Joe Whetzel, Jr. comes from a Blackfeet family that has boasted basketball stars for generations. His grandfather played on a college team that beat the Harlem Globetrotters, completing a career that was deemed worthy of a spot in the Basketball Hall of Fame.
Whetzel has grown up playing ball with his cousins and uncles, possessing a formidable, aggressive style that those familiar with streetside three-on-three tournaments will recognize, and he exudes the easy confidence of someone who is comfortable with his skill. Which is why he was flabbergasted when he didn't make Sentinel High School's varsity team last fall.
"I worked hard so I could try out," Whetzel explains. "Then the time came to make the cuts, and the coach told me that I was a 'street ball' player who couldn't be on his team."
Whetzel describes being cut as the culmination of ongoing harassment, including getting chased by a group of Hellgate High School football players who were threatening to shoot him in retaliation for a fight he was involved in earlier. He became depressed and started failing his classes because playing basketball meant everything to him.
"When you keep getting torn down, you lose your concentration," he says. Because he was dating an African-American girl, Whetzel says he was called a "nigger lover" and a "dirty Indian" at school. Then four weeks before the school year ended, he got into a fight with a classmate that turned physical. Already having received the maximum number of reprimands, he was kicked out of school, nullifying an entire semester's credits.
"The only way I found a kind of peace was to be feared," Whetzel says. "If they weren't going to respect me, they were going to fear me. Scaring them was the only way I got any respect at all."
Janet Robideau, an organizer with Indian Peoples Action (IPA), says Whetzel's experience isn't unique, and points out that there are currently no Native Americans playing varsity basketball in Missoula County Public Schools. What happened to Whetzel, she says, is just an indication of what IPA sees as a larger problem-MCPS' inadequate job serving Indian students.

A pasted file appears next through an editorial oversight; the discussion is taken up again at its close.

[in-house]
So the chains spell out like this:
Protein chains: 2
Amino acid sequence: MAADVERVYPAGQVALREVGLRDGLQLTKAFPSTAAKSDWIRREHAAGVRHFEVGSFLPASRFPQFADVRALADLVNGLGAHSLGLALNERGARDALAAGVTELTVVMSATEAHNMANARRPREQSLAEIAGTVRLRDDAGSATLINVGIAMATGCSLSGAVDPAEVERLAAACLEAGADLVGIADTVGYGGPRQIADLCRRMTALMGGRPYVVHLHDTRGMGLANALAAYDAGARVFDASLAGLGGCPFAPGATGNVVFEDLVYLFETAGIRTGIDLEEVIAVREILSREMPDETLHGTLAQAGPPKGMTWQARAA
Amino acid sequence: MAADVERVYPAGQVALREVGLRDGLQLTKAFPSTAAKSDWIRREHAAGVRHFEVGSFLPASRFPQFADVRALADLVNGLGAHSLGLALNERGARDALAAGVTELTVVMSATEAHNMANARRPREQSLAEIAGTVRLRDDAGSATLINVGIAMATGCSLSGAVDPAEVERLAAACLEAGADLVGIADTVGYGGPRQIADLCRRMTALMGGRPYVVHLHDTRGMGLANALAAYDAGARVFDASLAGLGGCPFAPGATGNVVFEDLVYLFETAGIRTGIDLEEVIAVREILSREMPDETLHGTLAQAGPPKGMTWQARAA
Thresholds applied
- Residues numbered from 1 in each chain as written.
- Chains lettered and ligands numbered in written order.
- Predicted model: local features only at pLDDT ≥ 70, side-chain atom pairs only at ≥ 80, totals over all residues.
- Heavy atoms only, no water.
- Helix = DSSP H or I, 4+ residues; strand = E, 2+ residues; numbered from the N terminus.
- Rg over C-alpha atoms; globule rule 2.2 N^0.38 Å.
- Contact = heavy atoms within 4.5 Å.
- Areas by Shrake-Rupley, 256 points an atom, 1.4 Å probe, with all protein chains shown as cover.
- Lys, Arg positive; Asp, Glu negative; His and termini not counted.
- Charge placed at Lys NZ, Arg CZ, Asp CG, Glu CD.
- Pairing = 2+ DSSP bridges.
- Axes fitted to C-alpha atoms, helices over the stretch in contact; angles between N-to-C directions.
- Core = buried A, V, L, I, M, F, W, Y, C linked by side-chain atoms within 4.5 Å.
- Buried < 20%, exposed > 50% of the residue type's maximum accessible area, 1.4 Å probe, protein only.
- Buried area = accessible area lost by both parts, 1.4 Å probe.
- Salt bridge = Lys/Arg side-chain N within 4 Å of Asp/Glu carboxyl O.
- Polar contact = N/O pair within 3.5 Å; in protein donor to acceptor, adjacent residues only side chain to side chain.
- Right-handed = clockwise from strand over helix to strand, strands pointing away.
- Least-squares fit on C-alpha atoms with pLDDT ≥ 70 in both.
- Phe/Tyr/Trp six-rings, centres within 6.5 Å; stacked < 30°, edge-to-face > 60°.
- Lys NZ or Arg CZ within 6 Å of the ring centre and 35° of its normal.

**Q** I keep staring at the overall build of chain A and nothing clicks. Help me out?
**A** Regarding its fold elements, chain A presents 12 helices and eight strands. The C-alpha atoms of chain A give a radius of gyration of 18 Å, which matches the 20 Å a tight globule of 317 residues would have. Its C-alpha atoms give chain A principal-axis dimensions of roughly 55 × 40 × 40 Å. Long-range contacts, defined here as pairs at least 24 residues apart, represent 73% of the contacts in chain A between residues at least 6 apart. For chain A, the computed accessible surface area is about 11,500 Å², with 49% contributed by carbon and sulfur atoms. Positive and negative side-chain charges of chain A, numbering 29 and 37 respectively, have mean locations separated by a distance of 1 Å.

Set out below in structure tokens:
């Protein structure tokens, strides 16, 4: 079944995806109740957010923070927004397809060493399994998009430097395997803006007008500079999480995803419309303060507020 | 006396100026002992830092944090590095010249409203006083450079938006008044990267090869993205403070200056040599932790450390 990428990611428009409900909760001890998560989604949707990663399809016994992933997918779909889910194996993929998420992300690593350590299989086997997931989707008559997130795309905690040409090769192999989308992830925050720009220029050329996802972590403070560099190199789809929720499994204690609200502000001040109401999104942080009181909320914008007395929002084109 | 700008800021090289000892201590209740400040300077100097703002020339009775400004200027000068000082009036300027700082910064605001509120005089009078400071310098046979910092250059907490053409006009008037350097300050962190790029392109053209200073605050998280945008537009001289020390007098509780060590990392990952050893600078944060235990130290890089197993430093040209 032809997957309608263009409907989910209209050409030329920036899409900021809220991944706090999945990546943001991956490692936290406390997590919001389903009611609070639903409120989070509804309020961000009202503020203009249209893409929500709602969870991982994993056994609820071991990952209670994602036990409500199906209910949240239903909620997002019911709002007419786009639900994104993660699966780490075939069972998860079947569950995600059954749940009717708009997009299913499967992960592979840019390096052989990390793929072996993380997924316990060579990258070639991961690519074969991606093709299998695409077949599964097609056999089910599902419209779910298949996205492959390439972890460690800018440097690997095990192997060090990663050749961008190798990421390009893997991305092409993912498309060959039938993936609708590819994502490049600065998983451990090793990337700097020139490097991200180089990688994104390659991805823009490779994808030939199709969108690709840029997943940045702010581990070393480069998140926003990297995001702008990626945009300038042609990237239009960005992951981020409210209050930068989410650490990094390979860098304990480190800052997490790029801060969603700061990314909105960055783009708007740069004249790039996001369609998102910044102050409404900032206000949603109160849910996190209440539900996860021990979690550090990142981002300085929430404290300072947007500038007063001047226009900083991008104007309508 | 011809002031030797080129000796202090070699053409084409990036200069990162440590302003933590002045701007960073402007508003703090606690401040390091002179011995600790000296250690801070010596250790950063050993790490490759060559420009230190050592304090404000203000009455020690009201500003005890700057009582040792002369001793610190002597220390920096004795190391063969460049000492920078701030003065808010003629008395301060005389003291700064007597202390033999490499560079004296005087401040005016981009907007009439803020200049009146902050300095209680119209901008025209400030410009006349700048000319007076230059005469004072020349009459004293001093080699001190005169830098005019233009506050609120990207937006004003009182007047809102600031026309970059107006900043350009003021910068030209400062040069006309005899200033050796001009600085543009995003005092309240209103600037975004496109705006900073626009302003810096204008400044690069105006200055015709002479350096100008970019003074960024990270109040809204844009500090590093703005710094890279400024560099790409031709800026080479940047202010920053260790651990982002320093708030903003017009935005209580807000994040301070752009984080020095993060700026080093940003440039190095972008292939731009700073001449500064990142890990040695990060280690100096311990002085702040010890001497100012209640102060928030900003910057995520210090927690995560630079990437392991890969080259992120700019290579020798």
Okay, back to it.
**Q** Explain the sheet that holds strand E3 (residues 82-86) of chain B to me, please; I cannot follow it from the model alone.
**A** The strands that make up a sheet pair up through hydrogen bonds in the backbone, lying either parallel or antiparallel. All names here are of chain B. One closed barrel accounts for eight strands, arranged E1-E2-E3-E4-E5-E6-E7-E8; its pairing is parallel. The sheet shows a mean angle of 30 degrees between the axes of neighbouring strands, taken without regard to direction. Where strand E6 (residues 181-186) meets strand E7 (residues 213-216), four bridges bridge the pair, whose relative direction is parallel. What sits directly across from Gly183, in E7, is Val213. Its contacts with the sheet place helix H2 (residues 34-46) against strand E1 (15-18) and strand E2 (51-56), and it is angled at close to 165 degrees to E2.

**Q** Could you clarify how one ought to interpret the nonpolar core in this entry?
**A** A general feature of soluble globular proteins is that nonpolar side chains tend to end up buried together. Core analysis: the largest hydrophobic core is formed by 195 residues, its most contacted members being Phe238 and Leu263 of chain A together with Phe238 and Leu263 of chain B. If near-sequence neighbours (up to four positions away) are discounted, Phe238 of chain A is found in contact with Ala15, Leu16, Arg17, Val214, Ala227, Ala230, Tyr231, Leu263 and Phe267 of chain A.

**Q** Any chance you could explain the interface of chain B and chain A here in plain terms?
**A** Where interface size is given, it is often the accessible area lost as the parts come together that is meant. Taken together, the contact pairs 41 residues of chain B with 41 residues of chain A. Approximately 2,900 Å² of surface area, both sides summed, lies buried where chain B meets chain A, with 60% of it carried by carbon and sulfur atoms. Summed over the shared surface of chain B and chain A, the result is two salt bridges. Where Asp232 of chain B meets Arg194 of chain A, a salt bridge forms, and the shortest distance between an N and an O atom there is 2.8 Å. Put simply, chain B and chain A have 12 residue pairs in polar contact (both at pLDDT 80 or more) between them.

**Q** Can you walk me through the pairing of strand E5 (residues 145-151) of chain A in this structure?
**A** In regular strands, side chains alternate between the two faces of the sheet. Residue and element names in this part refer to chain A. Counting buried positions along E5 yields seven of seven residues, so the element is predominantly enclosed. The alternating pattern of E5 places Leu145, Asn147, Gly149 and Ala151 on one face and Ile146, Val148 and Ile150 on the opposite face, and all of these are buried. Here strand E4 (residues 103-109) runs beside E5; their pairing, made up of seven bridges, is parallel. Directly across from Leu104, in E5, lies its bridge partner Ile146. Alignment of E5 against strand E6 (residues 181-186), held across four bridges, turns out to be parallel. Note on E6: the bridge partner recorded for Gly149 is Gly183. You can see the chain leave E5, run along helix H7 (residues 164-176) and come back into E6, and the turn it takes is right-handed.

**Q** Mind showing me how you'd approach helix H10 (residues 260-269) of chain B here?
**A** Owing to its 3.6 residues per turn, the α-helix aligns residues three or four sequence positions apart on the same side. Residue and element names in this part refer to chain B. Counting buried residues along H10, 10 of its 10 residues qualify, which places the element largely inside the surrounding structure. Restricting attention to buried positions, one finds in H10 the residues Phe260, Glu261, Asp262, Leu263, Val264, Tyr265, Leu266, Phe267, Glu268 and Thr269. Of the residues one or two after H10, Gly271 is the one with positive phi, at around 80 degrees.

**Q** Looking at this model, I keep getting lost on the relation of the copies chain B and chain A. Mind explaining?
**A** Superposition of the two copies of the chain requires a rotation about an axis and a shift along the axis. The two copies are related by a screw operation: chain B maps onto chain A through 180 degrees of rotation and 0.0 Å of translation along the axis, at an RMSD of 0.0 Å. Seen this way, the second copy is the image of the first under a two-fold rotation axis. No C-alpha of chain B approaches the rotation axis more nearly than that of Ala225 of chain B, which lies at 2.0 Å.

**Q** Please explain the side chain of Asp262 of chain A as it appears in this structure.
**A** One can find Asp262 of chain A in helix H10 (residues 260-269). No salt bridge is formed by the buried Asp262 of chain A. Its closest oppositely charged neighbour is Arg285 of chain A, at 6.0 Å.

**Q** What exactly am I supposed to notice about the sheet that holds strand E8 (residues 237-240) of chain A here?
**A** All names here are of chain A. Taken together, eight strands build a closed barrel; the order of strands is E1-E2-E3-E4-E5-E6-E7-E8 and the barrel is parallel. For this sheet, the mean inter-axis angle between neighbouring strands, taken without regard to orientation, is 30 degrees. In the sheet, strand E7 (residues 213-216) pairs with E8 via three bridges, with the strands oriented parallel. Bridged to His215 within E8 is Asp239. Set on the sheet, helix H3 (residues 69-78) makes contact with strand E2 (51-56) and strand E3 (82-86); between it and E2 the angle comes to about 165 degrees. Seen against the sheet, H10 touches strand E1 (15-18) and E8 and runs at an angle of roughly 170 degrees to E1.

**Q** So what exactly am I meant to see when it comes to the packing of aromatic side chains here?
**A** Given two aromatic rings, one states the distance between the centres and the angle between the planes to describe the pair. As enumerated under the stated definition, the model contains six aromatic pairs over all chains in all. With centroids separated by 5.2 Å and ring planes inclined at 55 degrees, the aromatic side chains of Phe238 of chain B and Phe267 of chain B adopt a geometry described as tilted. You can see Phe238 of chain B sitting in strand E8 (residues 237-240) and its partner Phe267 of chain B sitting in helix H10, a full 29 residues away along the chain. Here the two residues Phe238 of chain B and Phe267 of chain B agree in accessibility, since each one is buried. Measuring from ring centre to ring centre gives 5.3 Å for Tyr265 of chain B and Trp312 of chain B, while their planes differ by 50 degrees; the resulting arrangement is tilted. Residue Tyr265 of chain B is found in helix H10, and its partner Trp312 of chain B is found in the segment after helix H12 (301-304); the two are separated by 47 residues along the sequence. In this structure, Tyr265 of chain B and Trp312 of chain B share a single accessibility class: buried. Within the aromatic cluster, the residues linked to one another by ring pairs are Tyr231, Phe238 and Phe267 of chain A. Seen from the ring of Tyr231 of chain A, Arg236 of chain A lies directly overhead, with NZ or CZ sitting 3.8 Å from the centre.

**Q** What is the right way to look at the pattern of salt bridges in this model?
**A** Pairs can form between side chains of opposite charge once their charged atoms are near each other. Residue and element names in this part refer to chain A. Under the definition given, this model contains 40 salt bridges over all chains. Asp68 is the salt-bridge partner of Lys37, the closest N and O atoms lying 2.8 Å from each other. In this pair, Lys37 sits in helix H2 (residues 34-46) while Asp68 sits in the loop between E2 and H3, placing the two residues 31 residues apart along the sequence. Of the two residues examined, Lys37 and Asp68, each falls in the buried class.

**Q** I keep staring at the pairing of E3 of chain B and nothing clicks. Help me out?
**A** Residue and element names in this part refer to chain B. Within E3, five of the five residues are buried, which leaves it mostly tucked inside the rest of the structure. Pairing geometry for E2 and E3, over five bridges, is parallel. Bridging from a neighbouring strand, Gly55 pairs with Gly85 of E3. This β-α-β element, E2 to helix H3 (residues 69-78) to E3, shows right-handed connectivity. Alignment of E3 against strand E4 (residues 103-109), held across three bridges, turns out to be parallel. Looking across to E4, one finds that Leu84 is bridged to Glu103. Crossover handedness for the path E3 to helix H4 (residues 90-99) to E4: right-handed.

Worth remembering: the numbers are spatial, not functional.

Robideau says stories like Whetzel's were part of the reason that IPA and concerned parents had a series of charged meetings with MCPS Superintendent Mary Vagner, the district's school board and other administrators two years ago.
"First there was denial," Robideau remembers. "Then they asked why the students didn't come to them, and then they called it hearsay. That's why we're angry with the district: Students have to take it and take it. They can't go to administrators because they're told they're too sensitive or they're liars, and they're told if they don't like it they can leave."
"Emotion is the key word," adds IPA secretary Carole Meyers, who was also at those meetings. "A lot of people were carrying that on their backs and it just came out."
Robideau says Vagner suggested they "calm down" and work on some solutions. After conducting studies, IPA released its first report this June, which recommended that Missoula improve its disciplinary, parental participation and cultural competency policies to better meet the needs of both Indian and low-income students.
IPA also completed an additional report for MCPS last week that details the significance of recruiting and hiring minority teachers. Key points include the importance of students learning to understand people with a different culture than their own, minority teachers providing a professional role model and the fact that hiring more minority teachers could help rectify feelings of alienation that Indian students cited in a national study as a reason for dropping out.
"Through [the district's] eyes, a teacher is a teacher," says IPA chair Scott Moffett. "But through the students' eyes, looking at a teacher of color makes all the difference." Moffett says IPA isn't targeting specific teachers, administrators or even schools, but instead the district as a whole. "Our goal is equality in education. The vehicle is policy change, so it isn't us versus them."
In response, Vagner says the district is concerned with finding the best qualified teachers and that ethnicity is not a consideration. There are currently four out of 750 certified teachers in the district who are Native American, a figure IPA finds disturbingly low.
"We researched it, and 30 percent of the Native American students graduating from the University of Montana major in education," Robideau says. "Where do they all go?"
And though IPA hoped its report would be heard by the school board and be included in the district's policy meeting for the 1999-2000 school year, scheduled for August, Vagner says the report must be processed internally with every MCPS administrator before it can be heard by the board in October.
In the meantime, Robideau urges the school board to "do right" by the district's Native American students, because too many are falling through the cracks and missing out on a successful learning experience. And, she warns, the kind of alienation felt by these students carries over into their future lives.
For his part, Joe Whetzel says because of all the problems he's had in the past, he doesn't go anywhere he might run into former schoolmates alone. He's considering enrolling in Big Sky High School in the fall, but wonders if there's even a point in risking the harassment and fist fights.
"I lost my trust the first time," he says. "I don't know if I'll go back."